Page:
Can J-nomics Save South Korea’s Economy?
South Korea’s new president, Moon Jae-in, has his work cut out for him. Though North Korea’s increasingly provocative behavior will likely continue to dominate headlines, the success of Moon’s presidency will hinge largely upon the success of his economic policies.
SEOUL – South Korea’s new president, Moon Jae-in, a former human-rights lawyer representing the center-left Democratic Party, has his work cut out for him. Though North Korea’s increasingly provocative behavior will likely continue to dominate headlines, the success of Moon’s presidency will hinge largely upon his economic policies.
The good news for Moon is that both the global and South Korean economies are showing signs of recovery. Korean exports, led by semiconductors and petrochemicals, have recorded positive growth for sixth consecutive months. In April, total exports were 24% higher than a year earlier. The main stock price index has returned to its all-time high.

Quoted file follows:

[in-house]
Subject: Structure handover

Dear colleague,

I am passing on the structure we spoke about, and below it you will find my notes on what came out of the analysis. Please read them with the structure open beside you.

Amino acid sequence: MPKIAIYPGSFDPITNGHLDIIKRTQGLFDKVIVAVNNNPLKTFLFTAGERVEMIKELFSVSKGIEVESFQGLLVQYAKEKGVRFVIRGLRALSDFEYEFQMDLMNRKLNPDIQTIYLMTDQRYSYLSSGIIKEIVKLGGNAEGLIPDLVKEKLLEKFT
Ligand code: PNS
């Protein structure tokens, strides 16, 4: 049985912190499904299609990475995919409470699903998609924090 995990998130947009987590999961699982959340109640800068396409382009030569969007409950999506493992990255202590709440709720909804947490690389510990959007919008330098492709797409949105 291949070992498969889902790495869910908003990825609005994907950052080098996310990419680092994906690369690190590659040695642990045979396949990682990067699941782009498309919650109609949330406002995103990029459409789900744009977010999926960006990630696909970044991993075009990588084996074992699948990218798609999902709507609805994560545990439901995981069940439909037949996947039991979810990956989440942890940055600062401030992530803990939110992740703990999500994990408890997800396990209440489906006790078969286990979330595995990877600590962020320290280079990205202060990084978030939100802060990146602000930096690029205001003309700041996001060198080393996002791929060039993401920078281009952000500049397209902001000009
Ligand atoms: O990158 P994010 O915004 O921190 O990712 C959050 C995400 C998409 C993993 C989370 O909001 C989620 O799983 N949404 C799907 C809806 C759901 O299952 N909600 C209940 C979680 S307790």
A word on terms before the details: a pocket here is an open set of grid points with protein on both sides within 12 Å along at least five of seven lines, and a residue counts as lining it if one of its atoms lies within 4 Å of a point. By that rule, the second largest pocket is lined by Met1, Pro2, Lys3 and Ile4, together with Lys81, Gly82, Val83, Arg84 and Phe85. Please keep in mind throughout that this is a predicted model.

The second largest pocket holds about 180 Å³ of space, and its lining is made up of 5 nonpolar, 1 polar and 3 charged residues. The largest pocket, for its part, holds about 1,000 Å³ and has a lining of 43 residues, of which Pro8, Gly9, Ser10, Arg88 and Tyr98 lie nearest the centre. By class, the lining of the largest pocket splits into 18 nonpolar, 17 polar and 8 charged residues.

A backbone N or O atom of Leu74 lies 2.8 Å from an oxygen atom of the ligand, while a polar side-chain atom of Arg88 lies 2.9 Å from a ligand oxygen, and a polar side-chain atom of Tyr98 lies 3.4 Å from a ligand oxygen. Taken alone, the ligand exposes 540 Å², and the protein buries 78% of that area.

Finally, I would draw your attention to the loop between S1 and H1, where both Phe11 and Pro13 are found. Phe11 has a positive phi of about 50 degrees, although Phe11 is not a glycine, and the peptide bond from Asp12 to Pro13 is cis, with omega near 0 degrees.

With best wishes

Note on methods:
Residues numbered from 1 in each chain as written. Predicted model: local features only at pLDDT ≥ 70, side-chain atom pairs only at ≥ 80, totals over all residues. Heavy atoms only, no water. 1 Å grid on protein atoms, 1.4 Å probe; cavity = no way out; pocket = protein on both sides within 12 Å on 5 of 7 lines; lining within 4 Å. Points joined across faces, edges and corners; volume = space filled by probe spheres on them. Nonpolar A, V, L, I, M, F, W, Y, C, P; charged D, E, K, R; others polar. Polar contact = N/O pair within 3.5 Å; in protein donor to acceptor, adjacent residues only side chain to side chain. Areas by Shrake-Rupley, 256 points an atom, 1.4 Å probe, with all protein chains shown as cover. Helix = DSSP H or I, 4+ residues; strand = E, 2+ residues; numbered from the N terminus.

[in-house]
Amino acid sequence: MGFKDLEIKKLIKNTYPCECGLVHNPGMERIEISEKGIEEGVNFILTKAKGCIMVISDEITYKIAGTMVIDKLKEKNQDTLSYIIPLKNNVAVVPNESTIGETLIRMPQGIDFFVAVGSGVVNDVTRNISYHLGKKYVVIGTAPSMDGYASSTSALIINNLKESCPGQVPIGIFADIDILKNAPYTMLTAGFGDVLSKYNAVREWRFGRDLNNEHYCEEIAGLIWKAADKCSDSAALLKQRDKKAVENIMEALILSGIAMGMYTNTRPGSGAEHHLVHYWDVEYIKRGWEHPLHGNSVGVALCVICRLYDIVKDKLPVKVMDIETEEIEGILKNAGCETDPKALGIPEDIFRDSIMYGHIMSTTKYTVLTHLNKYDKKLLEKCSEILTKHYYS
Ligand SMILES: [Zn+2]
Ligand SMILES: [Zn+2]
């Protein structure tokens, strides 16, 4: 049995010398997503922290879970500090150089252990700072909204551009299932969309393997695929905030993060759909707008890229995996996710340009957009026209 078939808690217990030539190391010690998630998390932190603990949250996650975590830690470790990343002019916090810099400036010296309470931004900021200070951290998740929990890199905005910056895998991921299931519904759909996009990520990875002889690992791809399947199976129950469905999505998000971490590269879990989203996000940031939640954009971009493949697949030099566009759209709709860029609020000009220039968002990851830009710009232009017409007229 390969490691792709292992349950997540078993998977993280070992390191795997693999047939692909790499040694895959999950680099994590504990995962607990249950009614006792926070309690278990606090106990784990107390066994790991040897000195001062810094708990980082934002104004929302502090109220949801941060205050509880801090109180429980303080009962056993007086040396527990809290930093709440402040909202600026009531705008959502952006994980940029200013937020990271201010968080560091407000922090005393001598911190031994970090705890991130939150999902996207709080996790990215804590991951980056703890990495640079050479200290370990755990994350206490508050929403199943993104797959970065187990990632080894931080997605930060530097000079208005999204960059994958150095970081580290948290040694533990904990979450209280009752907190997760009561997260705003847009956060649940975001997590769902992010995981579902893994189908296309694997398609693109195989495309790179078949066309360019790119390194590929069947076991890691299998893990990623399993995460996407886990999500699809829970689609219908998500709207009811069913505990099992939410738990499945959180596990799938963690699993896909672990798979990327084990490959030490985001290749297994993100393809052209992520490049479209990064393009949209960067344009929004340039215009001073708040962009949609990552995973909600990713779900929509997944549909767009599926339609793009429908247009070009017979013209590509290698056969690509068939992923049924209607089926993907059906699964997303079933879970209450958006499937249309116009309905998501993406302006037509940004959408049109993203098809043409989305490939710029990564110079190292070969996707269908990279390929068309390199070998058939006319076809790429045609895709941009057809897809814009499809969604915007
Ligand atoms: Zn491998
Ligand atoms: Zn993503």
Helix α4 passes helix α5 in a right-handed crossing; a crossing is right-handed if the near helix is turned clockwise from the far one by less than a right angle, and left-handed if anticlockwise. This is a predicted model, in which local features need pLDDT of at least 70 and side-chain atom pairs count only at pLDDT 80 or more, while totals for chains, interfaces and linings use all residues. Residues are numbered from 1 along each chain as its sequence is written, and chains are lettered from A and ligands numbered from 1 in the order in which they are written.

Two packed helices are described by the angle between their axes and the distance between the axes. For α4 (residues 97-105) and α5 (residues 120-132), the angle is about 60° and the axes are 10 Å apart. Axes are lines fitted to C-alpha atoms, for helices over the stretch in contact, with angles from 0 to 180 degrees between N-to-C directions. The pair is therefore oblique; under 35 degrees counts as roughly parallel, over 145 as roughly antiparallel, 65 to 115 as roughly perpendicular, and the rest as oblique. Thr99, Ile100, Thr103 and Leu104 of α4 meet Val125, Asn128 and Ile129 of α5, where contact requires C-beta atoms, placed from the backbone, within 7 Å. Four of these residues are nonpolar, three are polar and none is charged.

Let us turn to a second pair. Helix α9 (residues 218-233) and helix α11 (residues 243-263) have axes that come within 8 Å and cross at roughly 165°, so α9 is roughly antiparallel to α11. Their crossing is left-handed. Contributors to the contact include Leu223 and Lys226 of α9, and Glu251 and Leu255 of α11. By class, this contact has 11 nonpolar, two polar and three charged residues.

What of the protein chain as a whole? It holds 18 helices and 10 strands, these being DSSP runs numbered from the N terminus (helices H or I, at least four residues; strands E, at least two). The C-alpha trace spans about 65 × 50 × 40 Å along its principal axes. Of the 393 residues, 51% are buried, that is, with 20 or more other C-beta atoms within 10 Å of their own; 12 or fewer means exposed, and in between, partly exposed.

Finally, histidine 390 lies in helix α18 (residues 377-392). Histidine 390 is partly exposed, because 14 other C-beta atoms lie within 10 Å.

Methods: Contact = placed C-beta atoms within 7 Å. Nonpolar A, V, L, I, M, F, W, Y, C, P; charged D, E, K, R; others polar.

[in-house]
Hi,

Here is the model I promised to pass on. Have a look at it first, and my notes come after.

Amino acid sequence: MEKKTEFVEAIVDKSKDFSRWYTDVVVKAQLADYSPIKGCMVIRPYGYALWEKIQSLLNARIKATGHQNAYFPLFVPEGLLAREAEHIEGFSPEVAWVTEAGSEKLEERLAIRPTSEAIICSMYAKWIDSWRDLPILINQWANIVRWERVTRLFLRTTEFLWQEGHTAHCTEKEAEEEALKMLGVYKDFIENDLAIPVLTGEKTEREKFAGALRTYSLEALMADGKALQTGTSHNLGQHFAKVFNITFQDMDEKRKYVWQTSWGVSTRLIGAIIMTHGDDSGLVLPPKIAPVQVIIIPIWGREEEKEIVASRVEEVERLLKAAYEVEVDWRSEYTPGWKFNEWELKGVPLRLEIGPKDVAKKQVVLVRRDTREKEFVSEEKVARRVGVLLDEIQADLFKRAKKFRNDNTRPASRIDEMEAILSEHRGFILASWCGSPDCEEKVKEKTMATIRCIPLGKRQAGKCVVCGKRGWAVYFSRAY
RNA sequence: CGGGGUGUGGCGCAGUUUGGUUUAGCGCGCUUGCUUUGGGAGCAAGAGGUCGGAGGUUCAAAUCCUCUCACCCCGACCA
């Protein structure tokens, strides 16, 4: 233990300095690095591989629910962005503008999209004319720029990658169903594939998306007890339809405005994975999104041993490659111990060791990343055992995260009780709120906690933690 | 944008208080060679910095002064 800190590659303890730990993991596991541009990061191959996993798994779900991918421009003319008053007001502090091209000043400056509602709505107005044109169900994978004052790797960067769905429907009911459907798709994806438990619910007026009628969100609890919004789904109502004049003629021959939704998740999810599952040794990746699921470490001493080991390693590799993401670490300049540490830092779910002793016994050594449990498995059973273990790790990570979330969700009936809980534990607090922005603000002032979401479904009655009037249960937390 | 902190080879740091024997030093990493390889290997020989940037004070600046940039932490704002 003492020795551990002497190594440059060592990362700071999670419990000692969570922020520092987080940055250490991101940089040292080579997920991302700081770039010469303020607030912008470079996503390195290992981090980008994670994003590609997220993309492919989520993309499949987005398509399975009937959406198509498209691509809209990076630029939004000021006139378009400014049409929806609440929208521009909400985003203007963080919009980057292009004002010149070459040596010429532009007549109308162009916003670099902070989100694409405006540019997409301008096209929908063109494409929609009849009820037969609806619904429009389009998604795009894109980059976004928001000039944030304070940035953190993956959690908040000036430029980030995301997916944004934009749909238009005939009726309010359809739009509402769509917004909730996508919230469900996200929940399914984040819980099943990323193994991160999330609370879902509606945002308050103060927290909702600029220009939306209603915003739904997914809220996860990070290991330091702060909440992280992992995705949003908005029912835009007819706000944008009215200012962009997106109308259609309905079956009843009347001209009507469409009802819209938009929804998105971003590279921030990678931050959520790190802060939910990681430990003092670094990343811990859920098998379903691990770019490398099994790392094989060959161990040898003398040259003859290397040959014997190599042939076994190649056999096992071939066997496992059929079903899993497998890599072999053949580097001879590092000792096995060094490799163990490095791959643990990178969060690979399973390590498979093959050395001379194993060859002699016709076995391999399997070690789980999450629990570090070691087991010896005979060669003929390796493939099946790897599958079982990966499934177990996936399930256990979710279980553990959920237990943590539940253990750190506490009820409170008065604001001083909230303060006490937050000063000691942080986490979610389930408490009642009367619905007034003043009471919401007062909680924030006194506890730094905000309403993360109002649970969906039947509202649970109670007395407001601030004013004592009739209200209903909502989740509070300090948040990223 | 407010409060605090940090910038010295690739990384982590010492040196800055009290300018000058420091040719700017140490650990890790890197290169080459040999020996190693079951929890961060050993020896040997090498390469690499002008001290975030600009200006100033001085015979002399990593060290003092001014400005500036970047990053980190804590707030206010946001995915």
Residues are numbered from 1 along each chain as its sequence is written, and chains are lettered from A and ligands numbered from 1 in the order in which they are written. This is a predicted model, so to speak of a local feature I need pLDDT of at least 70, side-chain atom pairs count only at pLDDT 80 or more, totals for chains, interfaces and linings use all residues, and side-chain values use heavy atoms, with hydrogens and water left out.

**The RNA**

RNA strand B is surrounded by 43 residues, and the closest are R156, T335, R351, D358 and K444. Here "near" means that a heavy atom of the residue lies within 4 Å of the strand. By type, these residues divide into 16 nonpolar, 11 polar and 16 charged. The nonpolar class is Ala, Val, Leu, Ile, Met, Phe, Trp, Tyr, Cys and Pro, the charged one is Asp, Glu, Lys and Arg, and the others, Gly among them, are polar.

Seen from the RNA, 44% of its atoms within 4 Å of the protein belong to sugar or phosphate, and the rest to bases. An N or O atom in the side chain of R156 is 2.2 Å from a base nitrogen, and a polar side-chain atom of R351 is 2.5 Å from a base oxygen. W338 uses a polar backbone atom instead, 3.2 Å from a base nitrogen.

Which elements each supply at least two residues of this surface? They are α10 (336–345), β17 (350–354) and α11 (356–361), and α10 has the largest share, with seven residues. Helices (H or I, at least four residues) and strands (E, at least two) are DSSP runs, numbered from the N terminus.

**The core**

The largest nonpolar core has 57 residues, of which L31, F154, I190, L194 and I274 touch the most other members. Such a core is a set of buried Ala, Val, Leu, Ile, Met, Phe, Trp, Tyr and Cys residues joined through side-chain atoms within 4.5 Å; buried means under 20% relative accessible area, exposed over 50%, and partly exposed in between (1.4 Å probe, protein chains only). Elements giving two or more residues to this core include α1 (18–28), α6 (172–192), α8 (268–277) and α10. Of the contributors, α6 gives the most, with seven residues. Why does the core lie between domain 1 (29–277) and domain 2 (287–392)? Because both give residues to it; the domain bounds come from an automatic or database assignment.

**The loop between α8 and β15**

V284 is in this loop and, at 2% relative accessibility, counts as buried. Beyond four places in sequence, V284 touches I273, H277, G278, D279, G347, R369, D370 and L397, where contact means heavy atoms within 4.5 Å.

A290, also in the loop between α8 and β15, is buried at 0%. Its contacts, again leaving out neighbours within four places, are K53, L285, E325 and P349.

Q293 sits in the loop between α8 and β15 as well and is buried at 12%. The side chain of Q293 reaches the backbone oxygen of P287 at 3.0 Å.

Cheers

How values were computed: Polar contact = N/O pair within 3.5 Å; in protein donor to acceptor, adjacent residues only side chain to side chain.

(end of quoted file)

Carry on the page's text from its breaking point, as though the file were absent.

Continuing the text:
Of course, North Korea’s behavior, beyond its obvious security implications, has an impact on South Korea’s economy. But an easing of regional tensions – a process that could begin in meetings with US President Donald Trump and Chinese President Xi Jinping and possibly progress to the resumption of talks with North Korea – would lead to recovery in consumer and business sentiment.
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